The results of the testing showed that Galileo support is mature in most precision professional receivers and, where it is not, manufacturers are ready to implement changes and improve their firmware. Chipsets for the mass-market mainly support Galileo as an adaptation of their legacy GPS technology, so the full potential benefits of the modernised Galileo Signal in Space (SIS) are not necessarily exploited. Those chipsets, unlike professional ones, are also required to maintain minimal battery power drain and have to rely on simplified front ends and antennas.

Galileo for smartphones

Smartphones and tablets are often connected to Internet, allowing them to fully explore web based Assisted GNSS (reducing their time to first fix (TTFF) to a few seconds). In other words the navigation information (on satellite orbits and clocks), which normally needs to be decoded from live SIS can be retrieved from the Internet instead, with a validity of several days. In addition the computational core of the GNSS receiver is a small piece of silicon Intellectual Property (IP) inside a System on Chip (SoC) which also integrates the application processor.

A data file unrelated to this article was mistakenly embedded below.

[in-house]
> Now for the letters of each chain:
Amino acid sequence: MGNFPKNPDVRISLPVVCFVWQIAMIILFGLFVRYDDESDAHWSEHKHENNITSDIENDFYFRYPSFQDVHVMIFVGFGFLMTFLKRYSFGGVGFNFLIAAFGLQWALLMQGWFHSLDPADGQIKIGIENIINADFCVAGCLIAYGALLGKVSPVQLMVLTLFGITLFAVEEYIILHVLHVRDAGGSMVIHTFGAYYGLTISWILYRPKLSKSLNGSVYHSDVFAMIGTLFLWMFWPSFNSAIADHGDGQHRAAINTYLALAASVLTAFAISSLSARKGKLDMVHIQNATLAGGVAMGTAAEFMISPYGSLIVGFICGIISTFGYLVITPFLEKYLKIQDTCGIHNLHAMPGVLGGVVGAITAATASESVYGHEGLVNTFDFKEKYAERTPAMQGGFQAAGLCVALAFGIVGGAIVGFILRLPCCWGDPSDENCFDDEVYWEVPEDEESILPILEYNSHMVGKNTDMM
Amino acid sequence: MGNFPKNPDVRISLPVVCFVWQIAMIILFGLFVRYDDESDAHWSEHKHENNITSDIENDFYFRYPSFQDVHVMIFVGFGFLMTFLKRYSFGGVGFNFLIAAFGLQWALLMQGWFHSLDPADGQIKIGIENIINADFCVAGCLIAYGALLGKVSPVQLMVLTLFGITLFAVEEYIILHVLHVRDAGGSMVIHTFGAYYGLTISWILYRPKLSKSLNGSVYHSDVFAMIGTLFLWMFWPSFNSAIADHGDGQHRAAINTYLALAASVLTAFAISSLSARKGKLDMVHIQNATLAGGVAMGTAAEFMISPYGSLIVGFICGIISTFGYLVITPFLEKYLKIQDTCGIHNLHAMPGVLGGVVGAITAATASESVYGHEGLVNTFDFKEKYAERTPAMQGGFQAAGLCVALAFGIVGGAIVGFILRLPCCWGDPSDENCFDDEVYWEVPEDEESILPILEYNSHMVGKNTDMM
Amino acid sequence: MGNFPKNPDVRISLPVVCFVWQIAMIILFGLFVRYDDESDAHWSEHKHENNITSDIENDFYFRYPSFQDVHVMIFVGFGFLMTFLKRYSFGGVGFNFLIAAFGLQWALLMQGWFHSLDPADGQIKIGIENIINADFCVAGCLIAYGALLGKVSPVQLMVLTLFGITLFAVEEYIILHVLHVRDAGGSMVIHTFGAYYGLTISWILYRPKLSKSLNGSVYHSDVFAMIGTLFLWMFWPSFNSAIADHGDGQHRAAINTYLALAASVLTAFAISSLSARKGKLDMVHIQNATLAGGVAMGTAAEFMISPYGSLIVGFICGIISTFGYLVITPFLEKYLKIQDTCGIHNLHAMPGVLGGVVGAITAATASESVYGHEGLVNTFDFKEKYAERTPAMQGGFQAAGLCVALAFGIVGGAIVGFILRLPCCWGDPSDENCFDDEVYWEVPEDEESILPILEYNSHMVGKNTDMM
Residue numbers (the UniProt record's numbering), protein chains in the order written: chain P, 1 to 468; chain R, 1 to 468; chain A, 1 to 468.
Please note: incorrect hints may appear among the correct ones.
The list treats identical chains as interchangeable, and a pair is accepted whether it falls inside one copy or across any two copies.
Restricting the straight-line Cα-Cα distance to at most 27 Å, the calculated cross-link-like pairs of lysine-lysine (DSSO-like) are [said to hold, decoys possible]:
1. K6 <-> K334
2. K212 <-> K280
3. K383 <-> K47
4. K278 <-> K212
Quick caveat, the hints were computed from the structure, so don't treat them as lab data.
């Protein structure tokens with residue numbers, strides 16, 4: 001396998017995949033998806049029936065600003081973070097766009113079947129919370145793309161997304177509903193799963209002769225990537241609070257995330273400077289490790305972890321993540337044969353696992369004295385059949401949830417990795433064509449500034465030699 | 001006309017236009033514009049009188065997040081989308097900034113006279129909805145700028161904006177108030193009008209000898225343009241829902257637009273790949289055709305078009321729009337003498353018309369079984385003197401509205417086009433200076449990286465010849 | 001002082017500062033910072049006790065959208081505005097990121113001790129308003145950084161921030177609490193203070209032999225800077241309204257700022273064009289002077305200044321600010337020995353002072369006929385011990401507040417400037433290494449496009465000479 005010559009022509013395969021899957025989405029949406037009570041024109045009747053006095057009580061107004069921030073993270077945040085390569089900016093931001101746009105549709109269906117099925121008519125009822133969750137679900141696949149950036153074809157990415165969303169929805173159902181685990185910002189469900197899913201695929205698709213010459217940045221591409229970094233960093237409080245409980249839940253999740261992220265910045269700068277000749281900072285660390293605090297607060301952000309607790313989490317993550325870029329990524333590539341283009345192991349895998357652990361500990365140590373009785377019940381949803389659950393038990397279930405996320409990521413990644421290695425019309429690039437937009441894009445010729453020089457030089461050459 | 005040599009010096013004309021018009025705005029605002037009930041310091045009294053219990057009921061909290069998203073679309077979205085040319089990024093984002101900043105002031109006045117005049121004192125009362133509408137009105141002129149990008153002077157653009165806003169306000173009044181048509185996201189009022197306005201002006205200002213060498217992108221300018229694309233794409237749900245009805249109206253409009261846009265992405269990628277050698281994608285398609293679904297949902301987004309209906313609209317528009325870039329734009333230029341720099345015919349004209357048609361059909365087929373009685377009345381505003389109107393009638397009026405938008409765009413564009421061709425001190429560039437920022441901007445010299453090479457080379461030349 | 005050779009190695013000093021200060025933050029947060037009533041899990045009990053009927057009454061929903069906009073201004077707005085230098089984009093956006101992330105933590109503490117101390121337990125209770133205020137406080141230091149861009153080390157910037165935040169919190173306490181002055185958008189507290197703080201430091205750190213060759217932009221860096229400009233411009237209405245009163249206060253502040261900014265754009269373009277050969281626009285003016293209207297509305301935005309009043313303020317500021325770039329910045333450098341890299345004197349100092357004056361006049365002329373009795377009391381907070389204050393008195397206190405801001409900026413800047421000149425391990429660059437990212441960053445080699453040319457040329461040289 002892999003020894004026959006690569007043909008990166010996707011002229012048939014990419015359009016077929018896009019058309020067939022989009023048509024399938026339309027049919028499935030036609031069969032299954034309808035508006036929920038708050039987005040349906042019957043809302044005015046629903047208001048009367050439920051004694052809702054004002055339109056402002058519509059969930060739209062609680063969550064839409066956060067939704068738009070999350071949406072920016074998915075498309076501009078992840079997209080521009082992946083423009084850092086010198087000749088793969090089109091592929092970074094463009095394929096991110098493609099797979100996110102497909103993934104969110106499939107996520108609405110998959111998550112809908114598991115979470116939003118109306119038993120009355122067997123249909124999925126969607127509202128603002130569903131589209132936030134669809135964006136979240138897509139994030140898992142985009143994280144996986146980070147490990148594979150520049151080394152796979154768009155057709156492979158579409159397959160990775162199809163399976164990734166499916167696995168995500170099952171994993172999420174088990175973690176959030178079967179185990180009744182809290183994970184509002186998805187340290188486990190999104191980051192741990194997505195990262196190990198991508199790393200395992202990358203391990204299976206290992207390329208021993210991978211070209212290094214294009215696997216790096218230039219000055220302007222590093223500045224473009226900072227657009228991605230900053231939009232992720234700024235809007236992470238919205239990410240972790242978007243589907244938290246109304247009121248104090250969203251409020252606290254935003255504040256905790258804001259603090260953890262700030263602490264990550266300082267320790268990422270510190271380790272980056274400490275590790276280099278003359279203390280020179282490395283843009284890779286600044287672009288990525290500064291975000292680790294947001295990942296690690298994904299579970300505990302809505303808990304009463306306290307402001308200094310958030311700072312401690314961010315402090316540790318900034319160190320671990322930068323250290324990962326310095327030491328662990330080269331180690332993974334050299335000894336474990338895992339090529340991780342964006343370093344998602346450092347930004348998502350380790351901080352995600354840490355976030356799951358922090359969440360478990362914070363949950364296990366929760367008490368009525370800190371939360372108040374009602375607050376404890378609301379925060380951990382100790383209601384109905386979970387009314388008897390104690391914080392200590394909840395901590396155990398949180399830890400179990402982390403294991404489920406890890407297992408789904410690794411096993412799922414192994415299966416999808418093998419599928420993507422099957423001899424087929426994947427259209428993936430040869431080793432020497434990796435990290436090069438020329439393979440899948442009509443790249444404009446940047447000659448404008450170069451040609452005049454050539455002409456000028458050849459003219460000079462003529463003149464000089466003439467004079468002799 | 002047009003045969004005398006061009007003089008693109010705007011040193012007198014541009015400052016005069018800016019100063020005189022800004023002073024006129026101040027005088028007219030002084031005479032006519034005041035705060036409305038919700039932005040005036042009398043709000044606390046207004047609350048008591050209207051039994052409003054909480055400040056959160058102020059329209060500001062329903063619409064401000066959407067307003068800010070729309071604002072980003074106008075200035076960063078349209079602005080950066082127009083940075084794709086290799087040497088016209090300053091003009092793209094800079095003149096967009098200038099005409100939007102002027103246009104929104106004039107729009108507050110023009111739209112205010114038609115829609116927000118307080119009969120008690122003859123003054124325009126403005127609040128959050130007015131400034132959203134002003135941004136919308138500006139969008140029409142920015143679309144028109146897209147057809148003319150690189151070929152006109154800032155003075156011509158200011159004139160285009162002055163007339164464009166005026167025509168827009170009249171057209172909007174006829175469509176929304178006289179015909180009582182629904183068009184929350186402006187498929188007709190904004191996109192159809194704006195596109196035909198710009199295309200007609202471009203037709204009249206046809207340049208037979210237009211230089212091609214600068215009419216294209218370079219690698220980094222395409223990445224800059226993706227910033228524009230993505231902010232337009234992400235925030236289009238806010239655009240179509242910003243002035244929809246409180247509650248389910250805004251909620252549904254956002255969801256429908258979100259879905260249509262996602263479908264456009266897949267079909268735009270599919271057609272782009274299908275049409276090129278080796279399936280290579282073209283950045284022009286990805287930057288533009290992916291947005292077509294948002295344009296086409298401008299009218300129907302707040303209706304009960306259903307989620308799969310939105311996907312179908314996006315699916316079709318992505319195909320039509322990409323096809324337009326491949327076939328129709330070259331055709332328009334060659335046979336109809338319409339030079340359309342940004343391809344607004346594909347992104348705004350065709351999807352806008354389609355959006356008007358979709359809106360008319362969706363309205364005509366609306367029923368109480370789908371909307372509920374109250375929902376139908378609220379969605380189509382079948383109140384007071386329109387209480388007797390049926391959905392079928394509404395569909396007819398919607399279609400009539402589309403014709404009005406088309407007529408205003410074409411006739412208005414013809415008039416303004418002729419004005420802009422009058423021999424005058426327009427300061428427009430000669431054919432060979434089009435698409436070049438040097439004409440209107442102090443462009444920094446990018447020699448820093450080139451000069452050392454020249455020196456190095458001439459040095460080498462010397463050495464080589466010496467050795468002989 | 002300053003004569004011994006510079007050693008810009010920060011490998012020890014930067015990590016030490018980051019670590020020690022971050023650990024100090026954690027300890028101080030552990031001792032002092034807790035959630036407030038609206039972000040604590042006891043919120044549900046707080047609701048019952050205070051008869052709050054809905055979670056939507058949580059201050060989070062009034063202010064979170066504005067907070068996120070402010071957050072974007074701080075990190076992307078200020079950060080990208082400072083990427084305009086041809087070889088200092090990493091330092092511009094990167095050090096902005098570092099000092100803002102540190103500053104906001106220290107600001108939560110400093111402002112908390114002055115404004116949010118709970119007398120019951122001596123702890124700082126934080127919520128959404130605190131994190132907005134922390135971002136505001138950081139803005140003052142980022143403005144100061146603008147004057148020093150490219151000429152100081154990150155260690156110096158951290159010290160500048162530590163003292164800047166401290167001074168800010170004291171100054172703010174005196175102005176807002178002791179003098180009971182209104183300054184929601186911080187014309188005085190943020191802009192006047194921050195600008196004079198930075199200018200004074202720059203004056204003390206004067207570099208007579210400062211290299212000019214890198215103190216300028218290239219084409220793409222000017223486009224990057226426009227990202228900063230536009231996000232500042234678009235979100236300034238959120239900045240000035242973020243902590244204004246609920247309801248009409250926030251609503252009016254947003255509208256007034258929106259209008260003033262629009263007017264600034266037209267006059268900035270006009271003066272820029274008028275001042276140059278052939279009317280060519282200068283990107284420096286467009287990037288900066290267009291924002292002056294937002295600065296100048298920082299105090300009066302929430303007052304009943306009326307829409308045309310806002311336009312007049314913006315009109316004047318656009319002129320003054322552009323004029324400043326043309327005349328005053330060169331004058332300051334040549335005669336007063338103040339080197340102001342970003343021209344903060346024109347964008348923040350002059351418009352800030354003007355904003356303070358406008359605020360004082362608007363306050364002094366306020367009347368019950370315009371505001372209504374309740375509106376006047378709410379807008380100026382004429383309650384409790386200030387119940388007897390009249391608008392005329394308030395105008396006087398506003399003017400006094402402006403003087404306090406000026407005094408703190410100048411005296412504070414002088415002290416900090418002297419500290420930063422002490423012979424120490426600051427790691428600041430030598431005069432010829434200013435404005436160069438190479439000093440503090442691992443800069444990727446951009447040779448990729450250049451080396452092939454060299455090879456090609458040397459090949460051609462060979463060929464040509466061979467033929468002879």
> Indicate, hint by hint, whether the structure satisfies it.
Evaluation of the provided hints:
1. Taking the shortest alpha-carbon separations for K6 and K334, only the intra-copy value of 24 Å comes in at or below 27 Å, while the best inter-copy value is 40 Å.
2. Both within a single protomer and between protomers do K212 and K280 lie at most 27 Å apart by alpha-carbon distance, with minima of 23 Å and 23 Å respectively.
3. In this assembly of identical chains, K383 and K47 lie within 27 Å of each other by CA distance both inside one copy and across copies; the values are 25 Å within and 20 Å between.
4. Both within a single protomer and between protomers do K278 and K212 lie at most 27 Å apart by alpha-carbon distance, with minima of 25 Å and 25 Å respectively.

“The Galileo E1 Open Service (OS) signals are designed with an in-phase pair of data and pilot,” explained Bavaro. “The availability of a (data-less) pilot channel represents a unique asset for smartphones as it allows a level of processing gain, and therefore sensitivity, only bounded by the quality of the receiver's internal oscillator.”

Such oscillators have greatly improved in the last decade driven by the need for high data-rates on cellular networks (4G) and WiFi. From a 200 milliseconds signal snapshot a smartphone can derive a very precise, unambiguous ranging signal to Galileo satellites by leveraging the pilot codes. This is much harder to do with GPS signals.

The Galileo E1BC signals also overlap in frequency with GPS L1 thus they don't require additional radio frequency circuitry inside a GNSS chip, just more silicon for digital signal processing. The binary offset carrier (BOC) modulation used by Galileo is more robust compared to GPS in most modern receiver architectures and another obvious advantage of Galileo E1BC modulation is that it has three times higher accuracy than the legacy GPS.

Galileo uses longer codes compared to GPS, which makes the code synchronisation search longer and more difficult to perform for a receiver, but in turn the ranging has much larger ambiguity of 1200 km compared to 300 km for GPS. Again this greatly reduces the search space for all receivers.